The National Museum of Ethnology (Minpaku) is a research center for ethnology and cultural anthropology.


Special Section: Anthropology across the World II
Takezawa, Shoichiro
Yoneyama, Lisa
Cultural Studies and “Anthropology” in North America:
The Cultural War over the Four-Fields
Tanabe, Akio
Subaltern Studies and South Asian Anthropology
Ono, Akiko
Anthropology in ‘Multicultural’ Australia
Mori, Akiko
German Volkskunde and Cultural Anthropology
Niles, Daniel
Moving Beyond the Orthodoxies in ‘Sustainable Agriculture’
Kawaguchi, Yukihiro
Lineage Organization during the Social Upheaval of the Republican Period:
Pearl River Delta, Guangdong Province

Anthropology across the World II

Shoichiro Takezawa
This is the second special edition on World Anthropologies. The first was based on the annual meeting of the Kansai Branch of the Japanese Society of Cultural Anthropology held on October 15th 2005, and appeared in volume 31(1) of the same bulletin. This second special edition is also based on the annual meeting of the Kansai Branch, held on July 7th 2007.
Thus, the form of the two editions is the same, but their content is quite different. Following the development of anthropological thought in the four leading countries in Anthropology (the United States, France, Britain, and China), the first edition tried to make clear the characteristics of each Anthropology. Emphasis was put upon their educational systems, considering these to be a key to predicting the future of each Anthropology.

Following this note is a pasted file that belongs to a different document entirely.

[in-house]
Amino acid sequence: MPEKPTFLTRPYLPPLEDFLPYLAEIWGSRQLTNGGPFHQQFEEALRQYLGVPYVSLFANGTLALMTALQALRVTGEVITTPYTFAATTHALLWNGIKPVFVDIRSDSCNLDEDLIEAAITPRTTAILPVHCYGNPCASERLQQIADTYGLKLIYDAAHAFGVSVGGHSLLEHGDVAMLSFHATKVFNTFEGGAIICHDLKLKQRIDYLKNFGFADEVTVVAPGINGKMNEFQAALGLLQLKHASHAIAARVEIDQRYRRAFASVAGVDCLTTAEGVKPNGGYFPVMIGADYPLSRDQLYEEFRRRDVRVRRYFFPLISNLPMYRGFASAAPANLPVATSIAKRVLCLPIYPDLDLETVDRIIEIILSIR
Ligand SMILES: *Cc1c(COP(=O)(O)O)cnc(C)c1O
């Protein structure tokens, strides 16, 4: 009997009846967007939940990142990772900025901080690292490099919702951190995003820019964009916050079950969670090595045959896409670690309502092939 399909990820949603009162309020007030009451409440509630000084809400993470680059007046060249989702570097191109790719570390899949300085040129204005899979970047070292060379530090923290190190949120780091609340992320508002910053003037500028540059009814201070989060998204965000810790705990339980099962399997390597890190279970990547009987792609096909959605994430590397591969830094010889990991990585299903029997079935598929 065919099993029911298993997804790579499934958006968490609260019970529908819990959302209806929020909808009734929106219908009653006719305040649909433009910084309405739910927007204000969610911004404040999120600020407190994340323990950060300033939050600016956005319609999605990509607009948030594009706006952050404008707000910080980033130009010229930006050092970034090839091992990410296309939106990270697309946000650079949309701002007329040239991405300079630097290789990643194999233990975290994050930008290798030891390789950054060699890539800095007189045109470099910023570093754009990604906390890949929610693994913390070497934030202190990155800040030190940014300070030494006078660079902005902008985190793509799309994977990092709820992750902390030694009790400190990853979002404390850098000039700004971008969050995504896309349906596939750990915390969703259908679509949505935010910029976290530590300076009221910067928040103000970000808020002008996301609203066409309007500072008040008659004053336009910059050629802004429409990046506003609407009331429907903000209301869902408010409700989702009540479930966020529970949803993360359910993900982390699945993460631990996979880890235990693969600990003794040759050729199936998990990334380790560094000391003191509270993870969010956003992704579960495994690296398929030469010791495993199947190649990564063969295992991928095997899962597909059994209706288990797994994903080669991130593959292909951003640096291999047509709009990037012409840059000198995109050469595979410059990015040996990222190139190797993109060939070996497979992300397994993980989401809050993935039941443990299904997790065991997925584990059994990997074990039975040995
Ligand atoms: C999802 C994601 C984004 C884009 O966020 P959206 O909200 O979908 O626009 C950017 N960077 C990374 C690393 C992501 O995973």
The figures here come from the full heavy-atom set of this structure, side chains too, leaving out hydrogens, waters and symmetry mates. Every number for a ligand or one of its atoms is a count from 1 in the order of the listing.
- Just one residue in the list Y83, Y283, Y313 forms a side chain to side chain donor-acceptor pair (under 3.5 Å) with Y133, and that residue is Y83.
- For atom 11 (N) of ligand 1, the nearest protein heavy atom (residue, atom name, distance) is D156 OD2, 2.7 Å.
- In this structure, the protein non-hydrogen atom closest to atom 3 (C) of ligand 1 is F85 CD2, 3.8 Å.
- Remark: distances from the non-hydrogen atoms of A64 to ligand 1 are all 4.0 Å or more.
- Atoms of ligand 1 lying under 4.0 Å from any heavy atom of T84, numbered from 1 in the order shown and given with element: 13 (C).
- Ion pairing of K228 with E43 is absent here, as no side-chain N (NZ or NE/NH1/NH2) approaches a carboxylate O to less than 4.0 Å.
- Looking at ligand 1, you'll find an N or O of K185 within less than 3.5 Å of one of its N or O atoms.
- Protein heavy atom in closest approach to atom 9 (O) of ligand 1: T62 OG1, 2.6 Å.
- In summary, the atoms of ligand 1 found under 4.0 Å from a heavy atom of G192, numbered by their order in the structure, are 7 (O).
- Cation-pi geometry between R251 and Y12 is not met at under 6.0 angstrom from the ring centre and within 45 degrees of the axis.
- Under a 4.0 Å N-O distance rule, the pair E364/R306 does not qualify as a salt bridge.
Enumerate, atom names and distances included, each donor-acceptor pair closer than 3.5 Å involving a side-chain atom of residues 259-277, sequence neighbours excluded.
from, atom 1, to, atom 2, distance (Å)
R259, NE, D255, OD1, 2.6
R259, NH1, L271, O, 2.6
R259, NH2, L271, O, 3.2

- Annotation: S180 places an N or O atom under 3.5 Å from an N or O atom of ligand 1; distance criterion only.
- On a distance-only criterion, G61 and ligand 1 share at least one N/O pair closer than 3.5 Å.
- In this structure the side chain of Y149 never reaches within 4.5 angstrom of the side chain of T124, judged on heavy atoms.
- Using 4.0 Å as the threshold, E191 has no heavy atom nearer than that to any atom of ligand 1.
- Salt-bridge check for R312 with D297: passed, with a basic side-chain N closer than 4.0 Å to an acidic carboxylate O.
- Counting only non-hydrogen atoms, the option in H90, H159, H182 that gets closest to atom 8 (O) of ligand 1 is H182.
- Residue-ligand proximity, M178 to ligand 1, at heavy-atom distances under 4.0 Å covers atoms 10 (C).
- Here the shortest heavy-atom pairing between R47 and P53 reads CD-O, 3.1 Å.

The second edition, in contrast, changes the target countries and the object of discussion. Taking up four countries, the United States, Germany, India and Australia, this edition focuses on the relationship between Anthropology and its related disciplines: Cultural Studies in the US, Ethnology in Germany, Subaltern Studies in India, and Multiculturalism in Australia. Why do we choose this topic? There are two reasons. Firstly, although they are branches of cultural studies like Anthropology, these other disciplines generally aim at culture on the national scale, while anthropological investigations are often carried out on minority or ethnic group cultures. Secondly, they show a strong tendency to focus on the political aspects of cultural practices, while anthropological studies often neglect these. If there is a methodological difference between Anthropology and these other disciplines, it will be fruitful to examine them closely to rethink Anthropology, which has been said to be in difficulties.

Cultural Studies and “Anthropology” in North America:
The Cultural War over the Four-Fields
Lisa Yoneyama